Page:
Pilots sometimes get the wrong idea when it comes to medication use. One of the most frequent questions we get at the Office of Aerospace Medicine is; Why don’t you have a list of approved and disqualifying medications? There are actually a few reasons why such a list is problematic at best. From our perspective, first and foremost, is that an individual’s underlying medical condition is our primary focus, with the medication coming second. That means that we care far more about what you’re treating than how you’re treating it.
This point leads to our second issue: medications can be used for different purposes.
Let’s look at a seemingly simple example, aspirin. Should aspirin be disqualifying? For most people, probably not. But it depends on what you’re treating with that aspirin. For a mild headache, no problem. But aspirin used for heart issues is perhaps disqualifying. That’s why a categorical list of approved and disqualifying medications is not a great idea.
Some medications can be defined as disqualifying regardless of what they are used to treat. The most common offender on this list is diphenhydramine (Benadryl). No matter why you are taking Benadryl, you should not be flying while you’re using it. And you should refrain from flying for at least 60 hours after your last dose, as studies show that next day impairment levels from diphenhydramine are similar to having alcohol in your system.
Need a third reason? With the number of medications introduced every year, any list would be partial at best.
How Do I Know?
There are a few resources we can recommend for airmen regarding the acceptability of certain medications for use before or during a flight. Our primary resource for aviation users is the Don’t Issue/Don’t Fly (DI/DF) list from our Aviation Medical Examiner’s (AME) Guide. The AME Guide is written for physicians, but it is publicly accessible.
The DI/DF list actually includes two lists of medications. The first, D’t, is a list of medications that tell an AME not to issue a medical certificate. If you are taking any of the medications listed here, you should not be flying. The second section, D’t, is a list of medications that airmen should avoid taking while flying. You can find the DI/DF list at: http:// go.usa.gov/cupVh.
Beyond the DI/DF list, you should always check the label of any medication, prescription or over the counter (OTC) drug, for potential side effects. If you see a warning like “may cause drowsiness,” or “be careful when driving a motor vehicle or operating machinery,” take heed. Even if it says “until you know how the medication affects you,” you should probably consider the medication disqualifying.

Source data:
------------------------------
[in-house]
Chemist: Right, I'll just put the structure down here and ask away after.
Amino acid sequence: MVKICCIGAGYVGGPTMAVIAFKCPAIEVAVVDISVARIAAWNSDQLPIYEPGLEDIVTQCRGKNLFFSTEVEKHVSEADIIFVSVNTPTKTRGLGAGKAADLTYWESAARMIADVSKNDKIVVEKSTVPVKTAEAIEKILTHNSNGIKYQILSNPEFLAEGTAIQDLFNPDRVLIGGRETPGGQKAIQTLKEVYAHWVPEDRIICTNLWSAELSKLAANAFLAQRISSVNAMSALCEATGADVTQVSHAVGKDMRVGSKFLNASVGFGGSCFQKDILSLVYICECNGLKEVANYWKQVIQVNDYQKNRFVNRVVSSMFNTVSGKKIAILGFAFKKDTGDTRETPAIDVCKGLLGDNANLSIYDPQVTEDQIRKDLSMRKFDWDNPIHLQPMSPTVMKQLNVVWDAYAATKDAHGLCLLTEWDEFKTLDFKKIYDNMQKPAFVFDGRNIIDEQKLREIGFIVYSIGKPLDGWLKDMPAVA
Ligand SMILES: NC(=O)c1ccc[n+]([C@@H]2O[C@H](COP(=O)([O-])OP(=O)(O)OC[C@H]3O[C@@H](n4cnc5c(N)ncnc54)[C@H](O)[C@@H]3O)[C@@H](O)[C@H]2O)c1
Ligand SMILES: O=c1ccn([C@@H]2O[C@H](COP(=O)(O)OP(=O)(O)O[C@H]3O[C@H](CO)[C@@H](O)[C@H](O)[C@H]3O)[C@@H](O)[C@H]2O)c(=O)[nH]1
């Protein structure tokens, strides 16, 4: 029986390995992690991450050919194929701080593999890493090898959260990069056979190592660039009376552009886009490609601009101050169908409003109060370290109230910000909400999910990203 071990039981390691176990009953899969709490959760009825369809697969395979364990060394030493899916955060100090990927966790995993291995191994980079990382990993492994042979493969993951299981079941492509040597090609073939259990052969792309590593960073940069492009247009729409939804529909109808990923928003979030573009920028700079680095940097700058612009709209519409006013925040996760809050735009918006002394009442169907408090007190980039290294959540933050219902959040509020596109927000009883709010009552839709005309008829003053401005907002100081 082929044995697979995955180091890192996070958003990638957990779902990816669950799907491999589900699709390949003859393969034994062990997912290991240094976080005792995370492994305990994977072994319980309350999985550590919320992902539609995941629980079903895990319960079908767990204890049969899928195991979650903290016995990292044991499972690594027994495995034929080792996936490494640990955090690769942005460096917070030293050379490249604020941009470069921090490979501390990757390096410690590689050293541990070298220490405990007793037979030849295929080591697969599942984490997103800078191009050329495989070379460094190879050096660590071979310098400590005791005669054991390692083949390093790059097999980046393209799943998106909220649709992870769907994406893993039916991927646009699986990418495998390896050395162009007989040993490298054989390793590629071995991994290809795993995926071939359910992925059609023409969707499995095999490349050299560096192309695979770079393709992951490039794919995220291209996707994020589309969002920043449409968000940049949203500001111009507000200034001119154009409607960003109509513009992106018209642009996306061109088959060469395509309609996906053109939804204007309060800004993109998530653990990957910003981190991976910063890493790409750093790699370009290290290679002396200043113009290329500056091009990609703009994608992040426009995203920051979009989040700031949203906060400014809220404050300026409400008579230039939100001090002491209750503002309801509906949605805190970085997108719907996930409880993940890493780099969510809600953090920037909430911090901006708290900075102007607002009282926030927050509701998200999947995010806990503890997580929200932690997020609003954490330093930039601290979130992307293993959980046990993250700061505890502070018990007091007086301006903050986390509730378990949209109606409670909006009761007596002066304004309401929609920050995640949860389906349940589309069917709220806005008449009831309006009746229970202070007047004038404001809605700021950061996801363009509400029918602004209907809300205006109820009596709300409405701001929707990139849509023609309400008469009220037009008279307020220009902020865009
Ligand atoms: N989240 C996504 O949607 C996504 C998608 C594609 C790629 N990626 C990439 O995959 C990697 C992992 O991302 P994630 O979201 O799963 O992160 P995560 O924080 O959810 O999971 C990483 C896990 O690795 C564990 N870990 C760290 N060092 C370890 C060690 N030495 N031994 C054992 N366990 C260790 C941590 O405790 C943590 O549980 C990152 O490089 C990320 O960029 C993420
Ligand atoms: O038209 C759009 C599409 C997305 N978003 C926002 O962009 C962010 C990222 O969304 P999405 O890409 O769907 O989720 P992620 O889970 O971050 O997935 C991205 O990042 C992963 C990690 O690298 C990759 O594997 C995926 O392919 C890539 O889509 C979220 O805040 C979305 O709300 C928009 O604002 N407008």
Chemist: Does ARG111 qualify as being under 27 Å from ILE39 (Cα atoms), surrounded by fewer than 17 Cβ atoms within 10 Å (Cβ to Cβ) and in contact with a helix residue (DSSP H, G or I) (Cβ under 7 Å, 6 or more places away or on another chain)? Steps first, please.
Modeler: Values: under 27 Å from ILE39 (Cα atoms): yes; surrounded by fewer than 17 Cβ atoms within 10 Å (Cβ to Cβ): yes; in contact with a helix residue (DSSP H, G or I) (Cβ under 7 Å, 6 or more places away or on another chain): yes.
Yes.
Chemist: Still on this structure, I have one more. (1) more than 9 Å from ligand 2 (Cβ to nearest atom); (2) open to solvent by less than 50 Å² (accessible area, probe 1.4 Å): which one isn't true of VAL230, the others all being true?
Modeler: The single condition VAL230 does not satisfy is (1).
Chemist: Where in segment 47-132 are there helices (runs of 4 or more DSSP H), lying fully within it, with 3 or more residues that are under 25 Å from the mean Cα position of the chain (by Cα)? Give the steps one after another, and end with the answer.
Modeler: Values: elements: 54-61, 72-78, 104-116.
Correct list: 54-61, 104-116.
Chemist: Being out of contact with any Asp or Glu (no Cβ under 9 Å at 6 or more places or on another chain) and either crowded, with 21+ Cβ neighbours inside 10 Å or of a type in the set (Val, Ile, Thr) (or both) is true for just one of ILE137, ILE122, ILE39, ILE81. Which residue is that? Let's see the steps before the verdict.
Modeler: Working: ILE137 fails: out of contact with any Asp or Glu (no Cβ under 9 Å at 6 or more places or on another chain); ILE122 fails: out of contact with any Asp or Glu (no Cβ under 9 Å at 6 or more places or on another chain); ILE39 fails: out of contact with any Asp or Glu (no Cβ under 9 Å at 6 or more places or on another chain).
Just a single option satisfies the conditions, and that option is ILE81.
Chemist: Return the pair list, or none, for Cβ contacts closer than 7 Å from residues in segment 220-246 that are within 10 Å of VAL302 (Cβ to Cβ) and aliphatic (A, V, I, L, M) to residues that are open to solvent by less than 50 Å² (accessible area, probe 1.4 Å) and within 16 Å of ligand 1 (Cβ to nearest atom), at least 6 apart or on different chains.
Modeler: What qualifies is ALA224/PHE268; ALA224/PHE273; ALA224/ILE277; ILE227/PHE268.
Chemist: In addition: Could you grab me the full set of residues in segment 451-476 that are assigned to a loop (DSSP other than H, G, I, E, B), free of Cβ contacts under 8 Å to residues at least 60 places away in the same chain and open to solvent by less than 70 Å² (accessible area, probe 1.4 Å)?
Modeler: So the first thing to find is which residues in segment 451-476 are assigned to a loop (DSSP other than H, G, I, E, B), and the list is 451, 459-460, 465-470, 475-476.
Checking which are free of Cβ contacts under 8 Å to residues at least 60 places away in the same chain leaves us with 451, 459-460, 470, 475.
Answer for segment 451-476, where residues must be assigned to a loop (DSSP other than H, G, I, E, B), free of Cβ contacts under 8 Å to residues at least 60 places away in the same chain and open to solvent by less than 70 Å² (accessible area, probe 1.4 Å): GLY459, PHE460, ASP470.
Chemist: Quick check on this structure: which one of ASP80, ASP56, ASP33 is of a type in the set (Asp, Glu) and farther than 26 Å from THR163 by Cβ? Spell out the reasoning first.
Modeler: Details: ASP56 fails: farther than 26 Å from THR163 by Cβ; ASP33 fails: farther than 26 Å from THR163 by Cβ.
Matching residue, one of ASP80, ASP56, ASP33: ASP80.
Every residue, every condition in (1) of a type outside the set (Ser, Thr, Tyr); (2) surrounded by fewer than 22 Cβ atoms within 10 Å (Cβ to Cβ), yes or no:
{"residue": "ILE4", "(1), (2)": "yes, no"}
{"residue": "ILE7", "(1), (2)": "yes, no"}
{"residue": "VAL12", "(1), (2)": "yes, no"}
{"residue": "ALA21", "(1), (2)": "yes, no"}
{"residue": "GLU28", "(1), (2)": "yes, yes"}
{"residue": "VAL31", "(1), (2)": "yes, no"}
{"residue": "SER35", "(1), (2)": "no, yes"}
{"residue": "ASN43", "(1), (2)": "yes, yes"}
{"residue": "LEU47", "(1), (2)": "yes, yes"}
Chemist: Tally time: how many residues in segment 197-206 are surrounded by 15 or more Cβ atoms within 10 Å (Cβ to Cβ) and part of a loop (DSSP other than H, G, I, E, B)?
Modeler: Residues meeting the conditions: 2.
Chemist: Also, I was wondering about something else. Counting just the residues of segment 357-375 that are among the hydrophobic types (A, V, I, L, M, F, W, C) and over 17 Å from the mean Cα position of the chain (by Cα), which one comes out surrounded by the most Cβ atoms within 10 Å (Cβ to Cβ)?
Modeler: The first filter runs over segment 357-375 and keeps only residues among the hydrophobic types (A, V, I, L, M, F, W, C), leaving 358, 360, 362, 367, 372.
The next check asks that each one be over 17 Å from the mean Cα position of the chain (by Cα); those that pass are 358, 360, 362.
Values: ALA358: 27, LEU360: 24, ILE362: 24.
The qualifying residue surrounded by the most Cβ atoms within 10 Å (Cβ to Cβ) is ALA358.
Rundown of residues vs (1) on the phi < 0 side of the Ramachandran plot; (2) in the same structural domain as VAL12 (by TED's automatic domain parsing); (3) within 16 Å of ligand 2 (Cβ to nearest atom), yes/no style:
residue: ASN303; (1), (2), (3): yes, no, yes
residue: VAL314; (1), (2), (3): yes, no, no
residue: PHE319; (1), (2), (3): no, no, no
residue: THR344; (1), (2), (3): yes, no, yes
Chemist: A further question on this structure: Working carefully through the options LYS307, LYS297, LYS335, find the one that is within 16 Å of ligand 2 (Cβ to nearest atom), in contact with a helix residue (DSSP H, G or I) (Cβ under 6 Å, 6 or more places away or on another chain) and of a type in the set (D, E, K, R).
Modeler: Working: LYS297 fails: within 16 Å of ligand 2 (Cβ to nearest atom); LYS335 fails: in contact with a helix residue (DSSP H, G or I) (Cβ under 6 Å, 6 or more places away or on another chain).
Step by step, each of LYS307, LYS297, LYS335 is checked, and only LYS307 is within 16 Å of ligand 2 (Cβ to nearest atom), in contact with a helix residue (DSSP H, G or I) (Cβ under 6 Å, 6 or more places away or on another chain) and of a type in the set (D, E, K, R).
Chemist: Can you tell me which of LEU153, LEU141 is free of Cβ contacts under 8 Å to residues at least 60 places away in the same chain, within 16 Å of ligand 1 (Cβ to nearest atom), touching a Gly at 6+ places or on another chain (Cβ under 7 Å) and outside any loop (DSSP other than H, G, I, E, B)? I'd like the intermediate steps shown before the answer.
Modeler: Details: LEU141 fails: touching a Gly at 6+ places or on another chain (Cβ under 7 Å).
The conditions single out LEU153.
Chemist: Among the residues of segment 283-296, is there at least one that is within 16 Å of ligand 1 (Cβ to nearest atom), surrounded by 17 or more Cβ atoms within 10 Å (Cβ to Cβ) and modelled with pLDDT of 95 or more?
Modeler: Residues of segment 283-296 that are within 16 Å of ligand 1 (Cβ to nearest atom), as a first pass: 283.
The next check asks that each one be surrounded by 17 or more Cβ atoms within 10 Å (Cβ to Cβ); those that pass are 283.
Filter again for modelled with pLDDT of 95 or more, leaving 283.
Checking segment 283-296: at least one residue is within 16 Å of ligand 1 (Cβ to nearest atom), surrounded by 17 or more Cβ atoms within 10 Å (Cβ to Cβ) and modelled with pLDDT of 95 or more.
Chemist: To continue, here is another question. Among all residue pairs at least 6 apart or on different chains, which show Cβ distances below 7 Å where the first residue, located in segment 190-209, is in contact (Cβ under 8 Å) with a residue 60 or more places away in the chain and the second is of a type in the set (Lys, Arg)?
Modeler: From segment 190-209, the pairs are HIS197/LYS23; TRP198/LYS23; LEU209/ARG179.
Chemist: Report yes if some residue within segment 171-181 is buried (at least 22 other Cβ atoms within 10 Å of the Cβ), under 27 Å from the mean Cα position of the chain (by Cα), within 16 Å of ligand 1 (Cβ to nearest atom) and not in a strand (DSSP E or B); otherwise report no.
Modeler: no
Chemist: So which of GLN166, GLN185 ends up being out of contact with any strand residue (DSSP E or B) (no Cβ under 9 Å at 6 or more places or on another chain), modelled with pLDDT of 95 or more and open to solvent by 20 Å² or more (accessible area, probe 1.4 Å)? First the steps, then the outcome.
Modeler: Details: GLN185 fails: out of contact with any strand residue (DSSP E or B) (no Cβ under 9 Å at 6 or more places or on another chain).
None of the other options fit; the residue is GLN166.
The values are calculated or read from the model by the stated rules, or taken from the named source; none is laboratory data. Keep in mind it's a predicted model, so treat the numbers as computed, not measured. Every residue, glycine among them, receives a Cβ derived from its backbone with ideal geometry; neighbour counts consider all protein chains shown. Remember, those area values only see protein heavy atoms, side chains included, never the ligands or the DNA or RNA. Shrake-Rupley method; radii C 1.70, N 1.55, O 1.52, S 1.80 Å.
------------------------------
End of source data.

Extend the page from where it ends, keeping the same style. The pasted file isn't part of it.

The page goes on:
It’s also important to consider what might happen if the medication you’re taking wears off during your flight. For example, if you are dealing with congestion due to allergies, you could have serious issues if your decongestant stops working mid-flight.
What Else Can I Use?
The AME guide is your best resource, but since it’s written for physicians, it may not be as friendly to laymen as we would like. To give pilots better information about how medication affects performance, we are working under the auspices of the GA Joint Steering Committee (GAJSC) to provide a pilot-friendly training resource. While it will be based on the DI/ DF list, this document will be written in plain language, and it will include information on how pilots should be “self-certifying” before flight. It’s not a complete product yet, but we hope it will be available later this year or early next year. I’m very proud of the work we’ve done to make this resource possible, and I think you will find it helpful in clearing up the confusion about medication and flying.
James Fraser received a B.A., M.D., and M.P.H. from the University of Oklahoma. He completed a thirty year Navy career and retired as a Captain (O6) in January 2004. He is certified in the specialties of Preventive Medicine (Aerospace Medicine) and Family Practice. He is a Fellow of the Aerospace Medical Association and the American Academy of Family Practice.